The profession continues to adapt to new emphases in service broadly defined

Fruit Venders, Indianapolis Market, aug., 1908. Wit., E N Clopper. Location Indianapolis, Indiana.This anonymous interview is with an academic librarian who has been a hiring manager and a member of a hiring or search committee. This person hires the following types of LIS professionals:

reference and instruction, catalogers, archivists, technologists, managers, acquisitions

This librarian works at a library with 200+ staff members in a suburban area in the Southern US.

Approximately how many people applied for the last librarian (or other professional level) job at your workplace?

√ 25 or fewer

Approximately what percentage of those would you say were hirable?

√ 25% or less

And how would you define “hirable”?

having all the qualifications listed as required in the announcement

How are applications evaluated, and by whom?

University HR screens for required qualifications, then a library search committee convened for the particular position under review evaluates applicants

What is the most common reason for disqualifying an applicant without an interview?

better qualified candidates whose experience and knowledge more closely meets the desired qualifications

Do you (or does your library) give candidates feedback about applications or interview performance?

√ No

What is the most important thing for a job hunter to do in order to improve his/her/their hirability?

pay close attention to the position description and demonstrate how her experience, qualifications, and aspirations match our advertised needs

I want to hire someone who is

proactive

How many staff members are at your library/organization?

√ 200+

How many permanent, full time librarian (or other professional level) jobs has your workplace posted in the last year?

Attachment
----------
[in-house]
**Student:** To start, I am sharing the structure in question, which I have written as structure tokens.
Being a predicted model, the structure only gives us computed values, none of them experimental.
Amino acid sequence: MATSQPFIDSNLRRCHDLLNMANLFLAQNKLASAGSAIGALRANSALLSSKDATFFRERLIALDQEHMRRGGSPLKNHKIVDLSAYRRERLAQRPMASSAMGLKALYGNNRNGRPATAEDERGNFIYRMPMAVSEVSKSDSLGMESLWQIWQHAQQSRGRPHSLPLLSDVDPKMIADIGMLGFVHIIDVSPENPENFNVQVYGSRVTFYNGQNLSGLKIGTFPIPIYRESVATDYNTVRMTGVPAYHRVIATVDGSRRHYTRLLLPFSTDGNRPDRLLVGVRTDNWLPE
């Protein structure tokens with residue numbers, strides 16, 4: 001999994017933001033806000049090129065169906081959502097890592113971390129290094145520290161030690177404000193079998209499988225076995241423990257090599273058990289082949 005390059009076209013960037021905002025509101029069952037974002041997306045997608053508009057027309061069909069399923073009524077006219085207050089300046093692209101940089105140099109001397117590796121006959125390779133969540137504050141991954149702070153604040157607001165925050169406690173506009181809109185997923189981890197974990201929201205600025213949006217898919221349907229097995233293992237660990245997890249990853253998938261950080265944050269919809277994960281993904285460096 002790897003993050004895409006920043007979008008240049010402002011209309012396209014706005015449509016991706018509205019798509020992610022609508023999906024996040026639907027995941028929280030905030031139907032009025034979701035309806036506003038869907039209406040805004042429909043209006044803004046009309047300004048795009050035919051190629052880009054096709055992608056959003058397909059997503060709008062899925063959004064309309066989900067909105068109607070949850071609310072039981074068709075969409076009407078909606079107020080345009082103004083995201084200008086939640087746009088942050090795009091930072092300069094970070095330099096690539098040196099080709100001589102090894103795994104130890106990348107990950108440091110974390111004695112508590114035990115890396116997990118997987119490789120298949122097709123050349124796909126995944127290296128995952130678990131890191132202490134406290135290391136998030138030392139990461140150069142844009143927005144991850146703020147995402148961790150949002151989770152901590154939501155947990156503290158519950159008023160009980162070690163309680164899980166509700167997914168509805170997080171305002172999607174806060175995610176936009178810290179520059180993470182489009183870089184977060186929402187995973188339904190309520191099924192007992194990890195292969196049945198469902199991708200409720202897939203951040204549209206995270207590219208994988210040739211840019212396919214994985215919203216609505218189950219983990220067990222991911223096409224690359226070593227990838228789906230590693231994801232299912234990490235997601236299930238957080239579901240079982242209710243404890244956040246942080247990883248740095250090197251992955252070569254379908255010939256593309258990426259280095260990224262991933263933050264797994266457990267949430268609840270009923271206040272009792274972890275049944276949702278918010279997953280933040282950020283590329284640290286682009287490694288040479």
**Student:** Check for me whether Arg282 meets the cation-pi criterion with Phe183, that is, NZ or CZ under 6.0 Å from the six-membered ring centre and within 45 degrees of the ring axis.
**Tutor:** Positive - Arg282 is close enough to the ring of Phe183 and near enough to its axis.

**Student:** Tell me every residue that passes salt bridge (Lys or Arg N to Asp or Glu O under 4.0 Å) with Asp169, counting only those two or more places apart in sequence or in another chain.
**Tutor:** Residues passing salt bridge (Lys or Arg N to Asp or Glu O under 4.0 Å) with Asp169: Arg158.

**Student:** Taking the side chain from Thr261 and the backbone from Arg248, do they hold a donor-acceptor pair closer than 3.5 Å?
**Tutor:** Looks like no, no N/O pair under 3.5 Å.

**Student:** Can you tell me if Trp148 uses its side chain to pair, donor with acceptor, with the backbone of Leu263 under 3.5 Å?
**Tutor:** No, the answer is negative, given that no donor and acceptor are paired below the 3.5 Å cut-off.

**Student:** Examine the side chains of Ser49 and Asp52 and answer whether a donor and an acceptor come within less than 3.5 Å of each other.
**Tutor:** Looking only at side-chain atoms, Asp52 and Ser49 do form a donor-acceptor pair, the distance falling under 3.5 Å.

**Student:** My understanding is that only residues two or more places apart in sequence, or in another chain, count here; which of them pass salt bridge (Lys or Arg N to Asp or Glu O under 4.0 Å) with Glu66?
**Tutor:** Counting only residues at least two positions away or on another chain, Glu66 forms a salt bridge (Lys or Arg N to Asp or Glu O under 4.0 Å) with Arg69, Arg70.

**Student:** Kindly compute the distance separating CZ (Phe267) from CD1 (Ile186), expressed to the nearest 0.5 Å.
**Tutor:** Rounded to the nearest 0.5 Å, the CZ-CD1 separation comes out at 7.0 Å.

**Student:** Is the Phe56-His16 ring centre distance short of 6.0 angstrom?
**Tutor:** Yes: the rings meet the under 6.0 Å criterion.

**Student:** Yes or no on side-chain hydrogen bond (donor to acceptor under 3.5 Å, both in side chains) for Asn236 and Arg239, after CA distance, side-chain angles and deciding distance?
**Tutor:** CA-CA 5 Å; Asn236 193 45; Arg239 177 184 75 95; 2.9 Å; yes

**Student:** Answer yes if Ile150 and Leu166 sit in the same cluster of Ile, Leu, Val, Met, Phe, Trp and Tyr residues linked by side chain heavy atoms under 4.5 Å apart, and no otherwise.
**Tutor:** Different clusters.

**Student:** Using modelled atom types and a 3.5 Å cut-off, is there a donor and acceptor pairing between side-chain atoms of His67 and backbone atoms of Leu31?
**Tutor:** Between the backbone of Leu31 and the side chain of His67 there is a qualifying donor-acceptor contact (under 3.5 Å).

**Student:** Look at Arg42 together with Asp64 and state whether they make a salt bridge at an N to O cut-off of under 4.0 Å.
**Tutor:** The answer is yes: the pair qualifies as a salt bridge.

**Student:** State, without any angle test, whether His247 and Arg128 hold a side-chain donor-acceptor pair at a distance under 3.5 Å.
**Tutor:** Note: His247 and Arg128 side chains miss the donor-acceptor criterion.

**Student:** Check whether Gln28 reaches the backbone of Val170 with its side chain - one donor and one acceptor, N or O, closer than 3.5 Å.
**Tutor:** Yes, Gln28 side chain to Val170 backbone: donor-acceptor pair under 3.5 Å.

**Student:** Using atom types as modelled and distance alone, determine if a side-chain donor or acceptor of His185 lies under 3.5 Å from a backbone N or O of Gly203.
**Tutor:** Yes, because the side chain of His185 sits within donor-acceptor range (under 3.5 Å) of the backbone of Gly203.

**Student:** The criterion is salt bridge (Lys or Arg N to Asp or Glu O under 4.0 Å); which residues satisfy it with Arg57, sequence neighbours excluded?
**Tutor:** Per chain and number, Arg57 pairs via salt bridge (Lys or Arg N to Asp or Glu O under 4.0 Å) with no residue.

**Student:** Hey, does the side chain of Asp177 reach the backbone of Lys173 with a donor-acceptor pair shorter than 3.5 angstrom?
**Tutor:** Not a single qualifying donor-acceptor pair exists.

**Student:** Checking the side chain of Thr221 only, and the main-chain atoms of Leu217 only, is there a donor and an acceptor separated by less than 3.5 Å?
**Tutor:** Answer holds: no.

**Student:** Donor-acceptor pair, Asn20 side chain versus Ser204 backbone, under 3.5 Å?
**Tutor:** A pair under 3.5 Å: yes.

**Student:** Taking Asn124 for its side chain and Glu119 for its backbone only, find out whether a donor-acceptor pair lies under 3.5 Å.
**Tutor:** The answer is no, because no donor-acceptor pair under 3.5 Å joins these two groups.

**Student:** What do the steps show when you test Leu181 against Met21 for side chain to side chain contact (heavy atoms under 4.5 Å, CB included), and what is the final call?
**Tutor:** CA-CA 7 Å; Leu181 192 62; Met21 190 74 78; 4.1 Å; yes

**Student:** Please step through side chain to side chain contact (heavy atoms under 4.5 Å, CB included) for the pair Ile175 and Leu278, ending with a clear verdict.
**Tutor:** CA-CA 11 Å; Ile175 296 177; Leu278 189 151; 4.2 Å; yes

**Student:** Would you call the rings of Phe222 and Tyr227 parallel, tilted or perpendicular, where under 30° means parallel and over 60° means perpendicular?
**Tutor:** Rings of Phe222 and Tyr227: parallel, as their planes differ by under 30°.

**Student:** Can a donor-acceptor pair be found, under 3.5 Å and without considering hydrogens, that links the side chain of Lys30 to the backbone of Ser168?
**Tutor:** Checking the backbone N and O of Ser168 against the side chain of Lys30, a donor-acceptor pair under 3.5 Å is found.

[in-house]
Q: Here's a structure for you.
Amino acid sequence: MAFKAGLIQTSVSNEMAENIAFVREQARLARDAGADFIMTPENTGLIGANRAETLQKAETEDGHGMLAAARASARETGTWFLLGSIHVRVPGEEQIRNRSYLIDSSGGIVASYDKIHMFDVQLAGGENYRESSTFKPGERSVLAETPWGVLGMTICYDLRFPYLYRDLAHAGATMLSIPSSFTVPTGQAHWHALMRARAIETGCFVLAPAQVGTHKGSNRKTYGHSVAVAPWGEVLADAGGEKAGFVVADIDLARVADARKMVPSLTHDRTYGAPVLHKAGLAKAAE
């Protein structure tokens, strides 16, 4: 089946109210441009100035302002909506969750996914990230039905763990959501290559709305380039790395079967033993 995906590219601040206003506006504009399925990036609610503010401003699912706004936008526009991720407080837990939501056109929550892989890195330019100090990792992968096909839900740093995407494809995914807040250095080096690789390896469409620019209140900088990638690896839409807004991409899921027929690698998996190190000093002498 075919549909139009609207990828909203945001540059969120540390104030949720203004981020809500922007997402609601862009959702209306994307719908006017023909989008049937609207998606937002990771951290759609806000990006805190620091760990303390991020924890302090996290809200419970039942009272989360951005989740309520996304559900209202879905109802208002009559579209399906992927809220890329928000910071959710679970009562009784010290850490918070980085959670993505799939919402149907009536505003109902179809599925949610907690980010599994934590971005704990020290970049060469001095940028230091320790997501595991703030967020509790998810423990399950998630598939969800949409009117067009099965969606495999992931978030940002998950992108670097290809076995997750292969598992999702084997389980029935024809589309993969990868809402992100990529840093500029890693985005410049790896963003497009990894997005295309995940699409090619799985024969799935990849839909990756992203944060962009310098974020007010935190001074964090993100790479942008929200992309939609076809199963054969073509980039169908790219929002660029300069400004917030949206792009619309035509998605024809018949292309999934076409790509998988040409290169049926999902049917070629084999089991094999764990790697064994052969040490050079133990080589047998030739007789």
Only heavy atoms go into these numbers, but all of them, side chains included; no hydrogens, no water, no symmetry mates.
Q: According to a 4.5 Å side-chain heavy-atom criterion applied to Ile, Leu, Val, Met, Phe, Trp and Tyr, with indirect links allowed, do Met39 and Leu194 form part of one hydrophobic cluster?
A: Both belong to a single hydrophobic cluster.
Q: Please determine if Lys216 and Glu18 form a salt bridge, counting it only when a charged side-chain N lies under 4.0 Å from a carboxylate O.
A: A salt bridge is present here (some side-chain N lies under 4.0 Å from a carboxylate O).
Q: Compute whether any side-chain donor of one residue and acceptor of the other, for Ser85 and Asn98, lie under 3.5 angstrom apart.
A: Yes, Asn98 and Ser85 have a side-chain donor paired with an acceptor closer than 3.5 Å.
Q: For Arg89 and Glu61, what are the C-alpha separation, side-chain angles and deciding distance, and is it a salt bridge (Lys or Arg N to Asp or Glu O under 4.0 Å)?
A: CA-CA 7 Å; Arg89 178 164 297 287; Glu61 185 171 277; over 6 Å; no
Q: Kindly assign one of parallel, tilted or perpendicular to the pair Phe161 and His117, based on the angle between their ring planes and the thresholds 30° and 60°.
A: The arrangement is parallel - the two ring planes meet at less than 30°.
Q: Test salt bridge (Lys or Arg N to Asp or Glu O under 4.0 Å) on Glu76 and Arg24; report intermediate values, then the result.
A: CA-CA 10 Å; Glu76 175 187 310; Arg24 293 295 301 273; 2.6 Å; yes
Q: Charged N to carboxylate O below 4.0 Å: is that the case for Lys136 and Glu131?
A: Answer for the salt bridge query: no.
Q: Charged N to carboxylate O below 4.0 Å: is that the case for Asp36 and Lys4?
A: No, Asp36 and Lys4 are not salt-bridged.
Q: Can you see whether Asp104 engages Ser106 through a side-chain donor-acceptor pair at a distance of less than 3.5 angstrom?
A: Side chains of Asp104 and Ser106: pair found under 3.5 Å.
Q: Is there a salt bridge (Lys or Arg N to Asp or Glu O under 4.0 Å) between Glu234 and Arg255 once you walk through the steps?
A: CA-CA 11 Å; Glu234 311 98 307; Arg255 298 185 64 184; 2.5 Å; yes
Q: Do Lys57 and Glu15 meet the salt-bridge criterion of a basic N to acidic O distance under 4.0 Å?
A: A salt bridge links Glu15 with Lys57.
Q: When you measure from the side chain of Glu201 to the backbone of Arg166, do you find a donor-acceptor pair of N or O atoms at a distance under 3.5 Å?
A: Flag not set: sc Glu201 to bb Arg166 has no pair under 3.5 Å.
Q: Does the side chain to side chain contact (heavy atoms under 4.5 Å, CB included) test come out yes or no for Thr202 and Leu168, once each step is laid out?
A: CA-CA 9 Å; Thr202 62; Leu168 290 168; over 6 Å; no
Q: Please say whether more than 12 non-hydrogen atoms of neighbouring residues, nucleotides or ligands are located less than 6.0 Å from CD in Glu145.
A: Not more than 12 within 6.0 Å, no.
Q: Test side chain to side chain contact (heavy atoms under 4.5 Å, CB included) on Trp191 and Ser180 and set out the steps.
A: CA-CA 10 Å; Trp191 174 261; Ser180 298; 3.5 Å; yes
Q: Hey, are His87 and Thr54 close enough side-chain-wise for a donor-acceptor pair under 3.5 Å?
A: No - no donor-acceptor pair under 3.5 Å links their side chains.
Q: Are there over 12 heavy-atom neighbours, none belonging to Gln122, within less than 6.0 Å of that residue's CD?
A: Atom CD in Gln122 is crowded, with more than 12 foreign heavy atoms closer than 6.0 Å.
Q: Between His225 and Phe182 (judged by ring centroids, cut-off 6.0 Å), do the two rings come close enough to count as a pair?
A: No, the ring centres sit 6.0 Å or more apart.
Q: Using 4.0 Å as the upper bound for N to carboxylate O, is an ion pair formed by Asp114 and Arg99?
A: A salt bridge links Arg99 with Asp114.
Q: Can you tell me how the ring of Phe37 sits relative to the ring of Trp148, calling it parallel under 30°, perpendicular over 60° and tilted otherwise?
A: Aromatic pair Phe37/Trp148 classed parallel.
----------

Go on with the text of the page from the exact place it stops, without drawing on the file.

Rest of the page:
√ 7 or more

How many permanent, full time para-professional (or other non-professional level) jobs has your workplace posted in the last year?

√ 7 or more

Can you tell us how the number of permanent, full-time librarian positions at your workplace has changed over the past decade?

√ There are the same number of positions

Have any full-time librarian positions been replaced with part-time or hourly workers over the past decade?

√ No

Have any full-time librarian positions been replaced with para-professional workers over the past decade?

√ Yes

Does your workplace require experience for entry-level professional positions? If so, is it an official requirement or just what happens in practice?

no

Is librarianship a dying profession?

√ No

Why or why not?

the demand for the management of operation of libraries is still strong and the profession continues to adapt to new emphases in service broadly defined (collections can be a service)

Do you have any other comments, for job hunters or about the survey?

the most recent searches I’ve been involved with have been for high-level specialized positions in IT and archival collections, which may explain why the pool was so small

Do you hire librarians?  Take this survey: http://tinyurl.com/hiringlibjobmarketsurvey or take other Hiring Librarians surveys.

For some context, look at the most recent summary of responses.

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Filed under 200+ staff members, Academic, Southern US, State of the Job Market 2015, Suburban area

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